The rotational US Marine force of about 2,200 servicemen and women will be based in the Northern Territory during the upcoming dry season from September.
It is the 11th deployment to the Top End and for the first time will include 250 US Army personnel, the Australian Defence Force announced.
Defence Minister Peter Dutton in September warned conflict with China ‘shouldn’t be discounted’ and last week told the US Studies Centre Beijing may look to annex Taiwan while the world is preoccupied with Russia’s invasion of Ukraine.
Marine Rotational Force-Darwin is a US Force Posture Initiative designed to deepen inter-operability between the Australian Defence Force and US military. Members of the seventh rotation deployed in 2018 are pictured
The marine deployment will complement that Enhanced Air Co-operation program between the Royal Australian Air Force and United States Air Force.
About 1000 Marines have already landed in Darwin.
They will train with the ADF to ensure they are able to respond to crises in the region.
AUKUS is a trilateral security pact between Australia, the US and the UK in the Indo-Pacific region. The US Indo-Pacific Command is also the nation’s oldest combatant command.
Admiral Aquilino oversees all US military activities, including the army, marines, airforce and navy, in the Indo-Pacific, covering 14 time zones and more than 50 per cent of the world’s population.
About 1000 Marines have already landed in Darwin. They will train with the ADF to ensure they are able to respond to crises in the region (pictured is soldiers of the US Army in Lithuania)
Why is Australia getting the subs?
Why nuclear submarines?
Nuclear submarines are powered by nuclear reactors which produce heat that creates high-pressured steam to spin turbines and power the boat’s propeller. They can run for about 20 years before needing to refuel, meaning food supplies are the only limit on time at sea.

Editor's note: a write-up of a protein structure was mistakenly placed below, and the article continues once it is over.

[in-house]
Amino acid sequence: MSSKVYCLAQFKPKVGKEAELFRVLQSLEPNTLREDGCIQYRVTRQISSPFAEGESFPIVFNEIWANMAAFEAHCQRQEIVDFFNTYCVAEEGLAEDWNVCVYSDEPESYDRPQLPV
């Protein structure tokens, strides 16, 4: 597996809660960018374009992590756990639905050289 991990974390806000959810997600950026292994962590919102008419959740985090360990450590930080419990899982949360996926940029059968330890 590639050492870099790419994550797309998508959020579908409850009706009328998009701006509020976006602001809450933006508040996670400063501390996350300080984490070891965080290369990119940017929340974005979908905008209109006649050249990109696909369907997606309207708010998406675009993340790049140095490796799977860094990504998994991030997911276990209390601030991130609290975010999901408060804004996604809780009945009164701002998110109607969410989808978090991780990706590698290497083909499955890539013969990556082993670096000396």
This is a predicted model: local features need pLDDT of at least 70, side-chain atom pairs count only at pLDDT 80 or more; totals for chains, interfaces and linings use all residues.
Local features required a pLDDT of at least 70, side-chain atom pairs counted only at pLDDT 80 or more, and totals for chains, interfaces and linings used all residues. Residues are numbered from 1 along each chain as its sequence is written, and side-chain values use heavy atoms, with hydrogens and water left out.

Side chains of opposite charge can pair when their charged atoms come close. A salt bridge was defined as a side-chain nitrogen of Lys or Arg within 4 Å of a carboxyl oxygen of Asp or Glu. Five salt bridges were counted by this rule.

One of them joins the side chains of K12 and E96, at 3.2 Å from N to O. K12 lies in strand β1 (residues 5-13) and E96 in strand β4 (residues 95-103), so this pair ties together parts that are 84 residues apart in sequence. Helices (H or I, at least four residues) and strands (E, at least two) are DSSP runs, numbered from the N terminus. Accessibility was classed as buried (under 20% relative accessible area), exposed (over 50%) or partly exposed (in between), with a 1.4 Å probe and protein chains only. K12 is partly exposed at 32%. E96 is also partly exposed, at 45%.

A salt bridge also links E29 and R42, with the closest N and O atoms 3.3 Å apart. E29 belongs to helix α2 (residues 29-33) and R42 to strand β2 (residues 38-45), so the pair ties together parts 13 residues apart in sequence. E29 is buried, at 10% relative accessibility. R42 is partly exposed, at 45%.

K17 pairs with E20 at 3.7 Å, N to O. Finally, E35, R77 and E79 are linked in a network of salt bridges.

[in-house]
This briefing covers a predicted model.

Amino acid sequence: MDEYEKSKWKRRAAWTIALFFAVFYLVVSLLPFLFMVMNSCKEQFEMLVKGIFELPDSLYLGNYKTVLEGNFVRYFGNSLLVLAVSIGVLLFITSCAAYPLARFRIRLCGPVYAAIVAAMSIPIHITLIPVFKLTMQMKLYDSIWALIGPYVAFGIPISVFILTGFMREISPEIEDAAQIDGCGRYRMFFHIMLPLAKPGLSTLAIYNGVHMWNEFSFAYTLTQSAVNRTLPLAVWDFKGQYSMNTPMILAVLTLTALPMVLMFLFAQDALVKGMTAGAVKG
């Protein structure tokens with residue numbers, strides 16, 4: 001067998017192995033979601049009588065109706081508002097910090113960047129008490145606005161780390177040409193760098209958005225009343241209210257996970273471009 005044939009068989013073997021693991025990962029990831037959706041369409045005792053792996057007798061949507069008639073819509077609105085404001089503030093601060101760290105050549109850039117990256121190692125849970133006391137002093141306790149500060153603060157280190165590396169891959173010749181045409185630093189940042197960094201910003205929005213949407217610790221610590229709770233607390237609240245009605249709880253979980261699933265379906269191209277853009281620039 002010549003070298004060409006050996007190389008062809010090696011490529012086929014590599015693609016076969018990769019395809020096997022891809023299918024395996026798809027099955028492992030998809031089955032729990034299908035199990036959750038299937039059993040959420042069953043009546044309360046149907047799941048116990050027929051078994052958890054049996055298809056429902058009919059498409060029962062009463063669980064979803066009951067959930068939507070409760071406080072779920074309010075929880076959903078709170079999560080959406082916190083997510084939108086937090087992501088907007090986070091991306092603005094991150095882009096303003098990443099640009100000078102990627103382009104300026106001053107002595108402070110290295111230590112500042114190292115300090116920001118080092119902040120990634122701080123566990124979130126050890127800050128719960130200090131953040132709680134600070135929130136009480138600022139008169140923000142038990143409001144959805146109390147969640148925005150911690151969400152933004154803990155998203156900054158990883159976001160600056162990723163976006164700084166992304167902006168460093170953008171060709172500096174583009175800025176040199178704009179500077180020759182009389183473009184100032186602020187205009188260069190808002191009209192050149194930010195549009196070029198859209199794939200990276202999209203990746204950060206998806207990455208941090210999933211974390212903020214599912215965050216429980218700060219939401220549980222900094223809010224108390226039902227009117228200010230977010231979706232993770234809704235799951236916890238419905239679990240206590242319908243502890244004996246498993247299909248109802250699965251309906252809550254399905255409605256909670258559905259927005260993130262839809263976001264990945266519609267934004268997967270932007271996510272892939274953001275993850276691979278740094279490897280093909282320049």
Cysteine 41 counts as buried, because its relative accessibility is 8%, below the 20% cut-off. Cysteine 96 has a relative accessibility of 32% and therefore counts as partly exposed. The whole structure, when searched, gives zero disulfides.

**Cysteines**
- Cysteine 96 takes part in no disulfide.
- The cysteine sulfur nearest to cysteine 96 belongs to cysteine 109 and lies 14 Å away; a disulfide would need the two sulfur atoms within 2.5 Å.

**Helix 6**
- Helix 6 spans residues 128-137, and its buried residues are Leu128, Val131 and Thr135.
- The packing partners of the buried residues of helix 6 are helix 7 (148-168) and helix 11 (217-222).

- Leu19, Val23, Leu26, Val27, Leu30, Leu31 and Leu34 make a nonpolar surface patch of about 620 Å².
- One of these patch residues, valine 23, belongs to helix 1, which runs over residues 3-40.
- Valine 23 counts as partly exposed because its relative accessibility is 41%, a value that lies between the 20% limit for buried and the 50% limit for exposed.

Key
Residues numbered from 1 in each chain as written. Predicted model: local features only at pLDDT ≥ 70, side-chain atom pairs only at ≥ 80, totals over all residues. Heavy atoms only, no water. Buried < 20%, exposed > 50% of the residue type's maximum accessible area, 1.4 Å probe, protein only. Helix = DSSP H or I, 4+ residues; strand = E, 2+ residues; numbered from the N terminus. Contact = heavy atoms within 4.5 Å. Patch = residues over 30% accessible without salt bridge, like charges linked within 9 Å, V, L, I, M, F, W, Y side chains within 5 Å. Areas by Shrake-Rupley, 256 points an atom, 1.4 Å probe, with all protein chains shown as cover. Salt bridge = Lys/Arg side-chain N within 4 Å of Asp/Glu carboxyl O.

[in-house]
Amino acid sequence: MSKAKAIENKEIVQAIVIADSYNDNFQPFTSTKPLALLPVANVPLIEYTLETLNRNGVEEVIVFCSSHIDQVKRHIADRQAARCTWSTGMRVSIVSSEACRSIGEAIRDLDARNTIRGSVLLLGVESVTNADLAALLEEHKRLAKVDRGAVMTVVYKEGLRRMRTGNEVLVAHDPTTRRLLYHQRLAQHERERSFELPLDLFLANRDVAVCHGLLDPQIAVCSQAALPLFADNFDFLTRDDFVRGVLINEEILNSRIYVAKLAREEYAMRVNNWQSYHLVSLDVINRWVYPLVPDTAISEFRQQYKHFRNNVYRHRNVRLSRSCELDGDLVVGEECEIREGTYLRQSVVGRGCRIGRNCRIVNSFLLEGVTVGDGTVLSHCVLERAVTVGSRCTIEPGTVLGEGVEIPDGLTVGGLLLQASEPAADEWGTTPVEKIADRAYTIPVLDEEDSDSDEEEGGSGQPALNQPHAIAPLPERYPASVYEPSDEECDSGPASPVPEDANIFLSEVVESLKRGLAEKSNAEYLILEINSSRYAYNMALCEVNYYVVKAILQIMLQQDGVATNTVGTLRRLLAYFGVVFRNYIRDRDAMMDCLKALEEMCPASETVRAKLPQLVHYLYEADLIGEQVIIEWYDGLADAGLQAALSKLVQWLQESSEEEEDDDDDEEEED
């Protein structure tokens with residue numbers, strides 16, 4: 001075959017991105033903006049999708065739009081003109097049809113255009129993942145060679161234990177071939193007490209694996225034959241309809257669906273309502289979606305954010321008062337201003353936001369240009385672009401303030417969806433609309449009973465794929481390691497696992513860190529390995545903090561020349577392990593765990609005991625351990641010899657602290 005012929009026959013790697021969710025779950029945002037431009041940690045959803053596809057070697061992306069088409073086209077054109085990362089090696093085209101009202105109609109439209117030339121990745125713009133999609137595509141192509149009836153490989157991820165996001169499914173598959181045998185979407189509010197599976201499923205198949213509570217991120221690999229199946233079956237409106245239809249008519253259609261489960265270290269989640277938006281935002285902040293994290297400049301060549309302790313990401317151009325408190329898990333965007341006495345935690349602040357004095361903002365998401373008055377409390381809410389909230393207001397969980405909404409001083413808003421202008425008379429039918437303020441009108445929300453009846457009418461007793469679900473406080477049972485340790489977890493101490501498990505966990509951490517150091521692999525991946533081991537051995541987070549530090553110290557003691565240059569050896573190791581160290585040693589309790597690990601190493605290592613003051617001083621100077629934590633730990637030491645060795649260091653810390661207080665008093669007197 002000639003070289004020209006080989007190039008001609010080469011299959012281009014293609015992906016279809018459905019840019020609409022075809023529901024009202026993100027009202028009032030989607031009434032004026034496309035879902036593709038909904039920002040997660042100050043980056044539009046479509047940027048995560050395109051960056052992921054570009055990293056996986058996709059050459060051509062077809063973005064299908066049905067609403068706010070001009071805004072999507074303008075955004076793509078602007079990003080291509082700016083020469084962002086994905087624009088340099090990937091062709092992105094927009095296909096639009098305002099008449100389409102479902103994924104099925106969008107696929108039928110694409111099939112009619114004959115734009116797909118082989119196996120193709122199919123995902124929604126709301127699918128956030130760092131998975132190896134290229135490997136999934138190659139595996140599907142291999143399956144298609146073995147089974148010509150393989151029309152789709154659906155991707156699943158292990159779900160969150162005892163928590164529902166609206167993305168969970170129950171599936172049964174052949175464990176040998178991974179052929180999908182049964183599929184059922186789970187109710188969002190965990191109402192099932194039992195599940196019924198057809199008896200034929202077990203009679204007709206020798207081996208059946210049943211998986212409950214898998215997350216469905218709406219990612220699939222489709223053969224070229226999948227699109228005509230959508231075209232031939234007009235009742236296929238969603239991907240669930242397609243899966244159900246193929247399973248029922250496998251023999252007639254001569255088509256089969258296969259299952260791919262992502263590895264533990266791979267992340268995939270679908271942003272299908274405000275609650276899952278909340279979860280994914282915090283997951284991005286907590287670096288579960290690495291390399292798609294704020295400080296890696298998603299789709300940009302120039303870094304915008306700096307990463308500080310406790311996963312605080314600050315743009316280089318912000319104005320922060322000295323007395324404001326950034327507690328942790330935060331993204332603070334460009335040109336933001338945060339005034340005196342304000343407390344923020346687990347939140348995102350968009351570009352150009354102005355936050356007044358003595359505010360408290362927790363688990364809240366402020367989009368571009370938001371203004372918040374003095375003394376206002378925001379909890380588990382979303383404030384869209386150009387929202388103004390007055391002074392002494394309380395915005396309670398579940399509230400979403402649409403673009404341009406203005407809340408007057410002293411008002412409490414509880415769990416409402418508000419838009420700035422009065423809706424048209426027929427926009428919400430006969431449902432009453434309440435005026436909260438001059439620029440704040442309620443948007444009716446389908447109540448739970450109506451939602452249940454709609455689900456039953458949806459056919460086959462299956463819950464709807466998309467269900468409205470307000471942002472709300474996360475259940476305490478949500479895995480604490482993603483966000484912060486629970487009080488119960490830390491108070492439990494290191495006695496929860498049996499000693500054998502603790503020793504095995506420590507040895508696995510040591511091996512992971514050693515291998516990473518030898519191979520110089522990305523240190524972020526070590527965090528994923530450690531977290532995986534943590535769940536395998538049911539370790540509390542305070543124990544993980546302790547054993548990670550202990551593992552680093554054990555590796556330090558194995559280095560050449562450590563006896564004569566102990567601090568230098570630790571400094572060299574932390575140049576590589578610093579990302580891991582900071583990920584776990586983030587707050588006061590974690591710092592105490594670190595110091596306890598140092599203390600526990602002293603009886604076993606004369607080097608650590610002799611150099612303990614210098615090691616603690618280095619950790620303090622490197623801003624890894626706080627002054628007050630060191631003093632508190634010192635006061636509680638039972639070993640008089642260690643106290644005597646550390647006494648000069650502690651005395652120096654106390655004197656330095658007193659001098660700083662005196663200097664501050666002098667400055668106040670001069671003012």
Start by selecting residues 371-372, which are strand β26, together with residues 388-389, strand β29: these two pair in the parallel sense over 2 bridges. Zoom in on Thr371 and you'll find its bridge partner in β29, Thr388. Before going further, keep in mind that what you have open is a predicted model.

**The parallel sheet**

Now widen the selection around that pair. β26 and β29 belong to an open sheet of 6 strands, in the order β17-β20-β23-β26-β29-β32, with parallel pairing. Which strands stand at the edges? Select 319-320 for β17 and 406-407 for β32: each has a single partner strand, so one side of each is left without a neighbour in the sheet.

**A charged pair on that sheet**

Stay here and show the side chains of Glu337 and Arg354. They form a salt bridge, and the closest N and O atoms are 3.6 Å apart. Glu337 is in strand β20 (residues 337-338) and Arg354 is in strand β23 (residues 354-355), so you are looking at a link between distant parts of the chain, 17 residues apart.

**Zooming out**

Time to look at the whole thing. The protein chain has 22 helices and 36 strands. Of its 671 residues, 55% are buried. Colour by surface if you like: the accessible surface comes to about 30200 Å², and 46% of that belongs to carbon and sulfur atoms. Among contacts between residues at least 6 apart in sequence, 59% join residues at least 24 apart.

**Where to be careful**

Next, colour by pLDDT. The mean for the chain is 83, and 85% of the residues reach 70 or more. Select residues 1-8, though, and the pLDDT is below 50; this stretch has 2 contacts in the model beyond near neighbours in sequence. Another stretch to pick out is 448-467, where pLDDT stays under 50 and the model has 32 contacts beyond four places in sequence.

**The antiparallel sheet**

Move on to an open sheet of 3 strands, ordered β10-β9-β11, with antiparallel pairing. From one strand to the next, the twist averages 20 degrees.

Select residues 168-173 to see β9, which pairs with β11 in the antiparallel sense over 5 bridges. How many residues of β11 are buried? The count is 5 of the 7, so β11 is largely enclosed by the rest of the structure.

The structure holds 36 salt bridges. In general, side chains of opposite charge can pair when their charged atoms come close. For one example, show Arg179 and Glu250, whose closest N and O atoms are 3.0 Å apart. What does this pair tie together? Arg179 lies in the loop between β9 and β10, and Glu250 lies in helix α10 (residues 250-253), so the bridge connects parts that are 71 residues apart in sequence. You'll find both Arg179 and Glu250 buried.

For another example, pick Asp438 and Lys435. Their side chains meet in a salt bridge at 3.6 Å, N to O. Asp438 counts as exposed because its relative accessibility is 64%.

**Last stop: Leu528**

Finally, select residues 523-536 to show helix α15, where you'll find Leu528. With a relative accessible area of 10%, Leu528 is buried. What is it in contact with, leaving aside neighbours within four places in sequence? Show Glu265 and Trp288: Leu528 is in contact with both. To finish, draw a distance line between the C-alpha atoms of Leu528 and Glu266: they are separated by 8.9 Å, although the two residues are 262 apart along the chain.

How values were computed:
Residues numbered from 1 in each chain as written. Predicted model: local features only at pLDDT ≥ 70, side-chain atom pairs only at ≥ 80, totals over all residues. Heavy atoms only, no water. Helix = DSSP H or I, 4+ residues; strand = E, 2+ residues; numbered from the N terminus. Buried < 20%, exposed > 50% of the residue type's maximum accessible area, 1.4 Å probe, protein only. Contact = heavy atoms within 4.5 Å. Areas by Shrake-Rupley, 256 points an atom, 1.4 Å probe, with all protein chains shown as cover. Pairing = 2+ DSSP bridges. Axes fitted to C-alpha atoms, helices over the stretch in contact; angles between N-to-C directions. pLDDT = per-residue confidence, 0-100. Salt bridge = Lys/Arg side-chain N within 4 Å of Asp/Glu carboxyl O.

The boats are also very quiet, making it harder for enemies to detect them and can travel at top speed – about 40kmh – for longer than diesel-powered subs.
The first nuclear submarines were put to sea by the United States in the 1950s. They are now also in use by Russia, France, the United Kingdom, China, and India. A senior US defence official told reporters in Washington DC: ‘This will give Australia the capability for their submarines to basically deploy for a longer period, they’re quieter, they’re much more capable. ‘They will allow us to sustain and to improve deterrence across the Indo-Pacific.’
Zack Cooper, a senior fellow with the American Enterprise Institute, said nuclear submarines would hugely boost Australia’s military capability. They are going to be much, much more capable in the large, expansive ocean that is Australia has to deal with,’ he told the ABC.
Will Australia have nuclear weapons?
Scott Morrison made it clear that the nuclear-power submarines will not have nuclear missiles on board. Australia has never produced nuclear weapons and signed the Treaty on the Non-Proliferation of Nuclear Weapons in 1973 which prevents non-nuclear states which don’t already have them from developing nuclear weapons.
Mr Morrison also said the Australia has no plans to build nuclear power stations which are widely used around the world. ‘But let me be clear, Australia is not seeking to acquire nuclear weapons or establish a civil nuclear capability,’ he said. ‘And we will continue to meet all our nuclear non-proliferation obligations.’
Source: DailyMail AU